The museum agreed to recognise Egypt’s right to 19 relics in its possession since early last century, the Met and the Supreme Council of Antiquities of Egypt said in a joint statement.
The artefacts include a bronze figurine of a dog with a golden collar and a sphinx, part of a bracelet made of semi-precious lapis lazuli.
“Thanks to the generosity and ethical behaviour of the Met, these 19 objects from the tomb of Tutankhamun can now be reunited with the other treasures of the boy king,” Egyptian antiquities chief Zaki Hawass said.
“For many years the museum, and especially the Egyptian art department, has been a strong partner in our ongoing efforts to repatriate illegally exported antiquities,” he said, adding that their research had helped Egypt recover a number of important objects.
Met director Thomas Campbell said the Egyptian art department “produced detailed evidence leading us to conclude without doubt that 19 objects, which entered the Met’s collection over the period of the 1920s to 1940s, originated in Tutankhamun’s tomb.”
“Because of precise legislation relating to that excavation, these objects were never meant to have left Egypt, and therefore should rightfully belong to the government of Egypt,” he added.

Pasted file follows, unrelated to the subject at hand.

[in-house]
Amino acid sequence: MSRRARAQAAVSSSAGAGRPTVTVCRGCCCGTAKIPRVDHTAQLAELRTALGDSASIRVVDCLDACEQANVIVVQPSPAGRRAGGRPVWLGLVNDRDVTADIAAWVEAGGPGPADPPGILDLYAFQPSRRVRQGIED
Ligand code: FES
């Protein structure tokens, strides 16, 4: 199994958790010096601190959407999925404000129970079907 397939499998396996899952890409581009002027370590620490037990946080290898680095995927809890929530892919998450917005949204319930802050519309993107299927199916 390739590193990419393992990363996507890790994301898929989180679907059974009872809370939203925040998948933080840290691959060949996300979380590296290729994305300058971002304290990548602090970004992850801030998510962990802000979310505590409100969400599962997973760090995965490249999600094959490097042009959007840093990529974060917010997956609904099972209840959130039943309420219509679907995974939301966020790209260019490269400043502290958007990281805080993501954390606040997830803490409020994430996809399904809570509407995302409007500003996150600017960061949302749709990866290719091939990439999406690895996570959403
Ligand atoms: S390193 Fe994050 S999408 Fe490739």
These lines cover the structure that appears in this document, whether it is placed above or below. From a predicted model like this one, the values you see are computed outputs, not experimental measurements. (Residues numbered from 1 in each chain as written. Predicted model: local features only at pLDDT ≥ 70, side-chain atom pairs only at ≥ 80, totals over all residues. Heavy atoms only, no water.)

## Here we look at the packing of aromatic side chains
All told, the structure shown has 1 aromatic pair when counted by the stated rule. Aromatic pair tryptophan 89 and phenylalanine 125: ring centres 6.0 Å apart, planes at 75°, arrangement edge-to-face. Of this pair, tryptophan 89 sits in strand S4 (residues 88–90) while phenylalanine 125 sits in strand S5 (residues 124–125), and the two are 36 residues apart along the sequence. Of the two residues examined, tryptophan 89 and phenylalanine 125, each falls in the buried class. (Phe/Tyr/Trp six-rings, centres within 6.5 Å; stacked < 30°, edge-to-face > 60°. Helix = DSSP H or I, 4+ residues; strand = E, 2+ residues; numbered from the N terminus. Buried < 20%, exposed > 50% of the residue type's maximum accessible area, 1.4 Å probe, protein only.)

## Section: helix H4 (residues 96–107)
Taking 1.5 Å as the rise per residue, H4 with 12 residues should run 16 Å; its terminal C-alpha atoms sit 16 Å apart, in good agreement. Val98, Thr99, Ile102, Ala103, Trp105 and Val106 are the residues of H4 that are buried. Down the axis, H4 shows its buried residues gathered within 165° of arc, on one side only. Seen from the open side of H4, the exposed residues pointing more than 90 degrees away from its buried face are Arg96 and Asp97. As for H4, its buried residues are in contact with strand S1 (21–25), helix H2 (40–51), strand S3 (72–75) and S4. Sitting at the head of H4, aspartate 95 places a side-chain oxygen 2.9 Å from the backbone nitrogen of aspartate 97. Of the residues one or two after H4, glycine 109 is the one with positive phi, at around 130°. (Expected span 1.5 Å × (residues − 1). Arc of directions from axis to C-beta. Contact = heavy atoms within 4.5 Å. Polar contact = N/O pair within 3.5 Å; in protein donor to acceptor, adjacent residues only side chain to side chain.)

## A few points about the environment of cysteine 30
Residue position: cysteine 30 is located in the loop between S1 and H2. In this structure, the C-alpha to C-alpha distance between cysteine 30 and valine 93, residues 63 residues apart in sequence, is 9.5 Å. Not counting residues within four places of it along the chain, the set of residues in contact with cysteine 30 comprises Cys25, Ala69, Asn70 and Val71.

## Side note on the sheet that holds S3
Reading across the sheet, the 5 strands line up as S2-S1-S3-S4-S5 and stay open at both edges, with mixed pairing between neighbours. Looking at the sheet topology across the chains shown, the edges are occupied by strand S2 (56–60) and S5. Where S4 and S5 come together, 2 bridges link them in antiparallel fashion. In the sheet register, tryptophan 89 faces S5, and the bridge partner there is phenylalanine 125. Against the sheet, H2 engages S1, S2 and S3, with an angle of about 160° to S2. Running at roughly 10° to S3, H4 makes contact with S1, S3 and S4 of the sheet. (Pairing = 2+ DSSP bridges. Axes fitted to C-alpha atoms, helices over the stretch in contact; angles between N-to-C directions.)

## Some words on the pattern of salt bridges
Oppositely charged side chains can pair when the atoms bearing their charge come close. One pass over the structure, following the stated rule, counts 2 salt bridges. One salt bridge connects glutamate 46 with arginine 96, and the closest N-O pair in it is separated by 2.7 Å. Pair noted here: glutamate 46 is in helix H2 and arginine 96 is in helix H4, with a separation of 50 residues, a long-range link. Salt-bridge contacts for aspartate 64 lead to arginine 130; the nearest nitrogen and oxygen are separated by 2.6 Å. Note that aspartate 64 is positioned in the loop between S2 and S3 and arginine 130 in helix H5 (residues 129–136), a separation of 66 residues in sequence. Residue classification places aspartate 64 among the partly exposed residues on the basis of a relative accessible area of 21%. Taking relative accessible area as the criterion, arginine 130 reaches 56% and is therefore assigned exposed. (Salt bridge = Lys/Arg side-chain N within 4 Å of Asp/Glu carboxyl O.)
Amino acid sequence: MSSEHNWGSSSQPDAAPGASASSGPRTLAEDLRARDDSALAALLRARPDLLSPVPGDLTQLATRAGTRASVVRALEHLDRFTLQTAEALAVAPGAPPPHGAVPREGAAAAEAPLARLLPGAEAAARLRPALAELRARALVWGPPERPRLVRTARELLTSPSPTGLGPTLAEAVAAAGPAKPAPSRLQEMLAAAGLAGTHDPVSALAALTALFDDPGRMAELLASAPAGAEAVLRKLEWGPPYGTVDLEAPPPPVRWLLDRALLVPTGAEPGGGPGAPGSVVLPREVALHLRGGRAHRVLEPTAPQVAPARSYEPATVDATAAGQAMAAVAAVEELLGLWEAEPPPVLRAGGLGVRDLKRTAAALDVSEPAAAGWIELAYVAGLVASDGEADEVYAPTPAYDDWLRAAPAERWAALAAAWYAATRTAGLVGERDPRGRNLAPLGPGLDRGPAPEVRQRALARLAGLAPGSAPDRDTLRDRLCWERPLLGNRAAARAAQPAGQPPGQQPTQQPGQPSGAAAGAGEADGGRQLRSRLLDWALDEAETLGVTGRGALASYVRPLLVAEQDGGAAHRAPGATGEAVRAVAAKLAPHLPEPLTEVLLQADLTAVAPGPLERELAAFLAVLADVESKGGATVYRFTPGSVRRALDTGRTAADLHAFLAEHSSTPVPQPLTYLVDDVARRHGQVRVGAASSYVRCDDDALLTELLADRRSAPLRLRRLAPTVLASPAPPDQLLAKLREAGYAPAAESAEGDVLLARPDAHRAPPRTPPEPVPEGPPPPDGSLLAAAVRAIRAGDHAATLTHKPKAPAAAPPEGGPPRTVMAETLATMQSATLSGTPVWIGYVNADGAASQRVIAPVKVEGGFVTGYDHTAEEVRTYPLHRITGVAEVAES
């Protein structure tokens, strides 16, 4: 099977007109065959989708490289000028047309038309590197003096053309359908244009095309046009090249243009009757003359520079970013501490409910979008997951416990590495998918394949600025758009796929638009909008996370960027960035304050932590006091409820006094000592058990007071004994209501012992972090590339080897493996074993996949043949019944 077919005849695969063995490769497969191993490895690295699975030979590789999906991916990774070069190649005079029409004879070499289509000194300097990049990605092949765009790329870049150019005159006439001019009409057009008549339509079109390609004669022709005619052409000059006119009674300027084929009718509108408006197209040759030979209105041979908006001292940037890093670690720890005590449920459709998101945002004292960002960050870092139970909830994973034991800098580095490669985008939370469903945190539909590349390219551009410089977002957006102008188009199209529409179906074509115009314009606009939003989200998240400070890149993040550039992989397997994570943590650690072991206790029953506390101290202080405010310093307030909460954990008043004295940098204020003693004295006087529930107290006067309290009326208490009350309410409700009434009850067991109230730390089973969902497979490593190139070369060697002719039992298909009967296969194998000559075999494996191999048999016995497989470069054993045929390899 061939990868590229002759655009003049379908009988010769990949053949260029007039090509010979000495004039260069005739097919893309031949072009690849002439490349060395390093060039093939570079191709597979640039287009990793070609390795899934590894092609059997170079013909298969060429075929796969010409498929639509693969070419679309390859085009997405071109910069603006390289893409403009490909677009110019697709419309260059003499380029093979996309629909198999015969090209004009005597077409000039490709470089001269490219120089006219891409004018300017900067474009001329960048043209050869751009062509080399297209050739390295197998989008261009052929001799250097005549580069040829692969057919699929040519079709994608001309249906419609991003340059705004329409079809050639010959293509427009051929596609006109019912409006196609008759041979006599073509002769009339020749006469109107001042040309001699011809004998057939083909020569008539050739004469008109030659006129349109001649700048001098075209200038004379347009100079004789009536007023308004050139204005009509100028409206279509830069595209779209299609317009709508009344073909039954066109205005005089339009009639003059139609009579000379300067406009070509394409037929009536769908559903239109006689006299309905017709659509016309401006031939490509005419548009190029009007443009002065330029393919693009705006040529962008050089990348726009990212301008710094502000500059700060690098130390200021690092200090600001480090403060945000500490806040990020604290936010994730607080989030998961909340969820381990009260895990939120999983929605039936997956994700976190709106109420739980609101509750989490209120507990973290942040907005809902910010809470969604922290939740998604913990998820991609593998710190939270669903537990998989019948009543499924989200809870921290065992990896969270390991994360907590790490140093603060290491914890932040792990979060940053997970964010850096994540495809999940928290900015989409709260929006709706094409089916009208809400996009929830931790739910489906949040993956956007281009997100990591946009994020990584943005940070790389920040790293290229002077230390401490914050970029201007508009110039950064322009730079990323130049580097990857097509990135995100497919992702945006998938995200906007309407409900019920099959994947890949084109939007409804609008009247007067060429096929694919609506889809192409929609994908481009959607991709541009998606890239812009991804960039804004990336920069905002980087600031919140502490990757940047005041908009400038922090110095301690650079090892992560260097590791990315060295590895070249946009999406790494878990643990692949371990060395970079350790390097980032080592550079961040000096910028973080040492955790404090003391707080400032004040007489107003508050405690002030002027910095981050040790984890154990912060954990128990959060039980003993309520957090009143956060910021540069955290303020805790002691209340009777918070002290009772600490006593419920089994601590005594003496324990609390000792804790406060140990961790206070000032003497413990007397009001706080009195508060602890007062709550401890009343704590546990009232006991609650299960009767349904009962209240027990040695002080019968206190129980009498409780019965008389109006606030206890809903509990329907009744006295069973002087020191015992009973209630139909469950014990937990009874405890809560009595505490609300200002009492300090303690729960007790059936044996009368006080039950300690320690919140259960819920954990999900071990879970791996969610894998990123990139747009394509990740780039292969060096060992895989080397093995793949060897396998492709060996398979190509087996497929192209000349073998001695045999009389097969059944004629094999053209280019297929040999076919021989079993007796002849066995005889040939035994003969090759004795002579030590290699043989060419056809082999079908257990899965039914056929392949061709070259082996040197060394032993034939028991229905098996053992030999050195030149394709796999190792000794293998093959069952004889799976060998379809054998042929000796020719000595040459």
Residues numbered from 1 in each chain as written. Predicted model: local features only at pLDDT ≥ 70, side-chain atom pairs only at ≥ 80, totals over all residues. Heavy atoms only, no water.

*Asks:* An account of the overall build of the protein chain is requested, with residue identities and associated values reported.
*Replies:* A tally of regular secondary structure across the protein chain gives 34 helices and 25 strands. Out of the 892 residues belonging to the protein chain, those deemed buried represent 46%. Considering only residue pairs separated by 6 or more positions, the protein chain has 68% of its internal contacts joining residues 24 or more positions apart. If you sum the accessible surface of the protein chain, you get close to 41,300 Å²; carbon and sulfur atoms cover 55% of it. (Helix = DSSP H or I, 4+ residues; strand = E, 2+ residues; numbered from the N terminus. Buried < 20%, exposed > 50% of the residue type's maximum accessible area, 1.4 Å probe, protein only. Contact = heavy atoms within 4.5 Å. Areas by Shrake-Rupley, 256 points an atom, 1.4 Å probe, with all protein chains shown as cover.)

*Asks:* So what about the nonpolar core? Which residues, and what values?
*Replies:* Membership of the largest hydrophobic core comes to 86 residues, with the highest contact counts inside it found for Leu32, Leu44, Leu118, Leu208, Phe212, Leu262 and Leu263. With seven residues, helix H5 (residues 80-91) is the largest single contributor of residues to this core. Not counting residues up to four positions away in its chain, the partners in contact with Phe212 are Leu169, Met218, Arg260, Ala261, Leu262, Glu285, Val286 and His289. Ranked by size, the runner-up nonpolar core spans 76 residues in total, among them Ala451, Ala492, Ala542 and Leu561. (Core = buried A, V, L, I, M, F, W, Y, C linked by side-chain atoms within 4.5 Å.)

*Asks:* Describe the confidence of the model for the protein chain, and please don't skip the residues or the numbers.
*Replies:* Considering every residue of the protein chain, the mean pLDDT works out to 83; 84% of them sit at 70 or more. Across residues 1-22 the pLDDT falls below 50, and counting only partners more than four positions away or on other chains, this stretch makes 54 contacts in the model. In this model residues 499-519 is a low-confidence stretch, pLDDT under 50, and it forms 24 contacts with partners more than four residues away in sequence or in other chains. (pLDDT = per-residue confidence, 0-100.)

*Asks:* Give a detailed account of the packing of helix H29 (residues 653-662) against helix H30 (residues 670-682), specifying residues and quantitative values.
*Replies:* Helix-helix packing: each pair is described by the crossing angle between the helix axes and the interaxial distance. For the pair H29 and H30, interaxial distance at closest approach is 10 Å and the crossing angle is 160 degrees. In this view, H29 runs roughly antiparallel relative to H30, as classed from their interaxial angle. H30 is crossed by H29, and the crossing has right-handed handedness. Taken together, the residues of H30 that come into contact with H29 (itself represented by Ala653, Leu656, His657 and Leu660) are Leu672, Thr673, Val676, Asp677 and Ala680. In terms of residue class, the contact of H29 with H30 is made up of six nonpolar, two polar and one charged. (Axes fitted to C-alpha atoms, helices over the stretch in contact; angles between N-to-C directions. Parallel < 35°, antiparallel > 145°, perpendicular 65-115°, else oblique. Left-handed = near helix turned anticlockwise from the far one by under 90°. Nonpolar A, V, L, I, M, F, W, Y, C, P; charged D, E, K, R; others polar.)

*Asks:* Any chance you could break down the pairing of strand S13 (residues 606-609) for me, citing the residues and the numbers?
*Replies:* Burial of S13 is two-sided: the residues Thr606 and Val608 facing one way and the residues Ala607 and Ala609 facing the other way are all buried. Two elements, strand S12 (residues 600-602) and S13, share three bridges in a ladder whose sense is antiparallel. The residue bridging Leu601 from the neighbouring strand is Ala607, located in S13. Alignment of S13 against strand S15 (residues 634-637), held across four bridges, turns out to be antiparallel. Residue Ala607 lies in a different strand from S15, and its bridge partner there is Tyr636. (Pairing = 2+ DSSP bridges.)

Unlike other archaeological discoveries at the time, some of which the Egyptian government allowed excavators to keep, the treasures found in Tutankhamun’s tomb were meant to stay in the country.
Fifteen of the 19 relics are “bits and samples,” the statement said. The remaining four, including the dog figurine and the sphinx, are “of more significant art-historical interest.”
Hawass said the objects will be on display in New York until June, when they will return to Egypt. They will be shown in the Tutankhamun galleries at Cairo’s Egyptian Museum before moving with the rest of the Tut collection to the Grand Egyptian Museum at Giza, scheduled to open in 2012.
Tutankhamun is believed to have died more than 3,000 years ago when he was about 18 years old.
His tomb, which included a gold coffin and mask, was discovered in 1922 by English archaeologist Howard Carter.
The dog figurine, which stands less than an inch high, and the blue sphinx bracelet piece were inherited by Carter’s niece as part of his estate.
Two other items, part of a handle and a beaded collar, were found in Carter’s Luxor house, the entire contents of which were bequeathed to the Met.
The agreement with the museum is the latest victory for Hawass, who has doggedly campaigned for the return of some of the country’s best known artefacts from abroad.
Hawass, who says he has brought back at least 5,000 relics since he became head of the antiquities council in 2003, earlier this year oversaw a conference of countries including Greece and China that also want looted treasures back.
Last year, he secured the return by the Louvre Museum in Paris of fresco fragments chipped from a tomb after he threatened to call off its excavations.
He has been campaigning for the return of the Rosetta Stone from the British Museum and the famous bust of Queen Nefertiti from Berlin’s Neues Museum.